Panama History, Language and Culture
History of Panama
Panama’s earliest inhabitants were hunter-gatherers and lived on the land some 10,000 years ago. Apart from the remains of tribal people, archaeologists have discovered some traces of ancient life such as statues, gold ornaments, and some of the earliest ceramics ever found in the Americas.
The Spanish arrived in 1502 and established the original Panama City less than 20 years later. Spain transformed the entire continent, establishing its own colonial society and obliterating the ancient civilisations. Panama City was the starting point of the expedition that ended up conquering the Inca Empire.
After 300 years of colonial rule, the region finally gained independence from Spain in 1821 and formed the state known as Gran Colombia, which included Colombia, Venezuela, Panama and Ecuador. By the end of the century the territory was tearing itself apart and in 1903 Panama broke free from an unhappy union with neighbouring Colombia.
The building of the Panama Canal, which was completed in 1914, was to change everything for Panama. 75,000 labourers of all nationalities flocked to Panama at the prospect of work and building a new life for themselves, bringing in a huge influx of different cultures. The US government bought the rights to the Panama Canal Zone, assuming a huge influence in the running of the country, and the wealth generated by the canal went largely to US interests.
The 20th century was marked by political strife and wrestling matches over rights to the canal. Following his military coup in 1968, General Omar Torrijos Herrera imposed a dictatorship, which continued until his death in 1981. Torrijos was succeeded by his former intelligence chief, Manuel Noriega, who remained in power until 1989, by which time US relations had collapsed and financial assistance cut, in reaction to allegations of election fraud and drug trafficking. When President George Bush sent in a military invasion to wrest power from Noriega, in December 1989, the country was suffering from a crippling lack of funds.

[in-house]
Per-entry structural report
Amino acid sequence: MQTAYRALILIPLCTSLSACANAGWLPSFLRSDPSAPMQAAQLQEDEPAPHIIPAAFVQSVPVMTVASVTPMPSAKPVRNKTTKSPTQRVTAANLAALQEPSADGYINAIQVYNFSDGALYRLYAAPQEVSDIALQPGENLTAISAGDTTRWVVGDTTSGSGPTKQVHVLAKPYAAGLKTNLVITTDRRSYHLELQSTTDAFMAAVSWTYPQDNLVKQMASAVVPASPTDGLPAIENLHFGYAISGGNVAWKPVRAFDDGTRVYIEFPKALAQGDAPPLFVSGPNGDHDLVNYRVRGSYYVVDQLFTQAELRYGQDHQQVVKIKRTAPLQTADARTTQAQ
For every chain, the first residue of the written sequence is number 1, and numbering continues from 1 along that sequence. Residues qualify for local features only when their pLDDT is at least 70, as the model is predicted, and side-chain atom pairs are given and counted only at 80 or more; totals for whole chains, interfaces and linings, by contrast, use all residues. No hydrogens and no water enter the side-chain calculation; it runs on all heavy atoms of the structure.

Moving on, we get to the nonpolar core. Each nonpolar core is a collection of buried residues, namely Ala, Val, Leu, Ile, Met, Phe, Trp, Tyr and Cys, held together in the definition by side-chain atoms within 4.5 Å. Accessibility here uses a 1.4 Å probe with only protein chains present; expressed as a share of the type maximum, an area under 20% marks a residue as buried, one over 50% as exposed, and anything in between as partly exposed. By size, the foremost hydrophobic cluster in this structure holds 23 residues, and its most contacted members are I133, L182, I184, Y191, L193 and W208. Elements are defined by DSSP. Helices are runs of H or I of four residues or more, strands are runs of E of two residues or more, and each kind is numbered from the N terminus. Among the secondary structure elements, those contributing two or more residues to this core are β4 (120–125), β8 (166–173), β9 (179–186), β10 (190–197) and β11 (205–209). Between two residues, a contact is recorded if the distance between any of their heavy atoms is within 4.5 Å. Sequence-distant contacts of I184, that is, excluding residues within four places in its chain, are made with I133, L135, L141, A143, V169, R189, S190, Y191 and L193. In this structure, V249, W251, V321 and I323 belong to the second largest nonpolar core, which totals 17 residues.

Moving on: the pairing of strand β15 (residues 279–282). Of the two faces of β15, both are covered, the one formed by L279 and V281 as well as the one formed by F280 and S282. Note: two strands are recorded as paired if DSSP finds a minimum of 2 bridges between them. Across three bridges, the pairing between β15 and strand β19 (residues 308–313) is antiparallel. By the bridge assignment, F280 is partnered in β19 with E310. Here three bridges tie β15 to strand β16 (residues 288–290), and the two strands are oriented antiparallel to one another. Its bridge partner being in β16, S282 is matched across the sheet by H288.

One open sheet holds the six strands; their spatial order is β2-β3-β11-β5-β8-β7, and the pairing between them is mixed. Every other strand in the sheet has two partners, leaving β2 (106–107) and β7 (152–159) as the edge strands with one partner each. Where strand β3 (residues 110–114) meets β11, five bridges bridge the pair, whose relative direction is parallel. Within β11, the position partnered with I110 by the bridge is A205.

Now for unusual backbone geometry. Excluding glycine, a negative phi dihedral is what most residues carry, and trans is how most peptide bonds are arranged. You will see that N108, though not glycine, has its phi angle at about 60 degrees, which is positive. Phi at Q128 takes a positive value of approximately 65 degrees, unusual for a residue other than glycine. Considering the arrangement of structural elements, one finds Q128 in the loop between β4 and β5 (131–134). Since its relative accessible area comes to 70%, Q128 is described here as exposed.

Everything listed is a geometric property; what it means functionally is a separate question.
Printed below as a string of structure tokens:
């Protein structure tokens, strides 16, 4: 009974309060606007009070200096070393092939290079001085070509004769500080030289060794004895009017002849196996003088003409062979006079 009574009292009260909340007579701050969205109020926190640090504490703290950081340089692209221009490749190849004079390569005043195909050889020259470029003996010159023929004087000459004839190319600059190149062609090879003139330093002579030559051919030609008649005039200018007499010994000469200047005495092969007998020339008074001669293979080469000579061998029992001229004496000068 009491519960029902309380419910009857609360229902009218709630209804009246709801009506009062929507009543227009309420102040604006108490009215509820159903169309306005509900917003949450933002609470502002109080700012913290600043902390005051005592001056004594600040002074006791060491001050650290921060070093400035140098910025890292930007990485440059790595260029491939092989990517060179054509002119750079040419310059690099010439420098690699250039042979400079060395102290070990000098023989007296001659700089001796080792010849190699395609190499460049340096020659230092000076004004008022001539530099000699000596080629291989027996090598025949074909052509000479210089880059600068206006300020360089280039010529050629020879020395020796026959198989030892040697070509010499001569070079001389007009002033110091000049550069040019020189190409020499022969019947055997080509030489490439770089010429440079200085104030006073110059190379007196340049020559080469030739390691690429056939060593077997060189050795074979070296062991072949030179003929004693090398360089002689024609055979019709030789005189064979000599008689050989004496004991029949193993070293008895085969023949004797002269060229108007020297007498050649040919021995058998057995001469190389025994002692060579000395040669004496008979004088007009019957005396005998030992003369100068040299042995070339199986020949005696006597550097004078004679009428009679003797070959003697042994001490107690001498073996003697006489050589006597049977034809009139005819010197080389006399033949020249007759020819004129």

Panama struggled back to economic stability throughout the 1990s, ending positively with the defining moment of its history: the official handing over of the Panama Canal by the US to Panama, successfully concluding a treaty signed in 1977. The completion of a multi-billion dollar Panama Canal expansion project in 2016 more than doubled its operating capacity. Proposed by the then-Panamanian President Martín Torrijos, son of the former dictator, the project was completed a decade later under the current President of Panama, Juan Carlos Varela.
Did you know?
• When General Noriega took refuge in the Vatican Embassy during the US invasion of 1989, they played loud rock music, including Van Halen (Panama) and the Clash (I Fought the Law), to drive him out.
• Panama has 59 of the world’s 356 species of hummingbird, including the smallest bird in the world, the 5-cm bee hummingbird.
• Panama Hats come from Ecuador, not Panama; they got their name in the 19th century because they were first shipped to Panama before being exported around the world.
Religion in Panama
Almost all Christian; 90% Roman Catholic (FCO figures). Other representations include Protestants, Jews and Muslims.
Social Conventions in Panama
Handshaking is the normal form of greeting and dress is generally casual. The culture is a vibrant mixture of American and Spanish lifestyles. The mestizo majority, which is largely rural, shares many of the characteristics of mestizo culture found throughout Central America. Only three indigenous tribes have retained their individuality and traditional lifestyles as a result of withdrawing into virtually inaccessible areas.
Language in Panama
The official language is Spanish, but English is spoken in Panama City.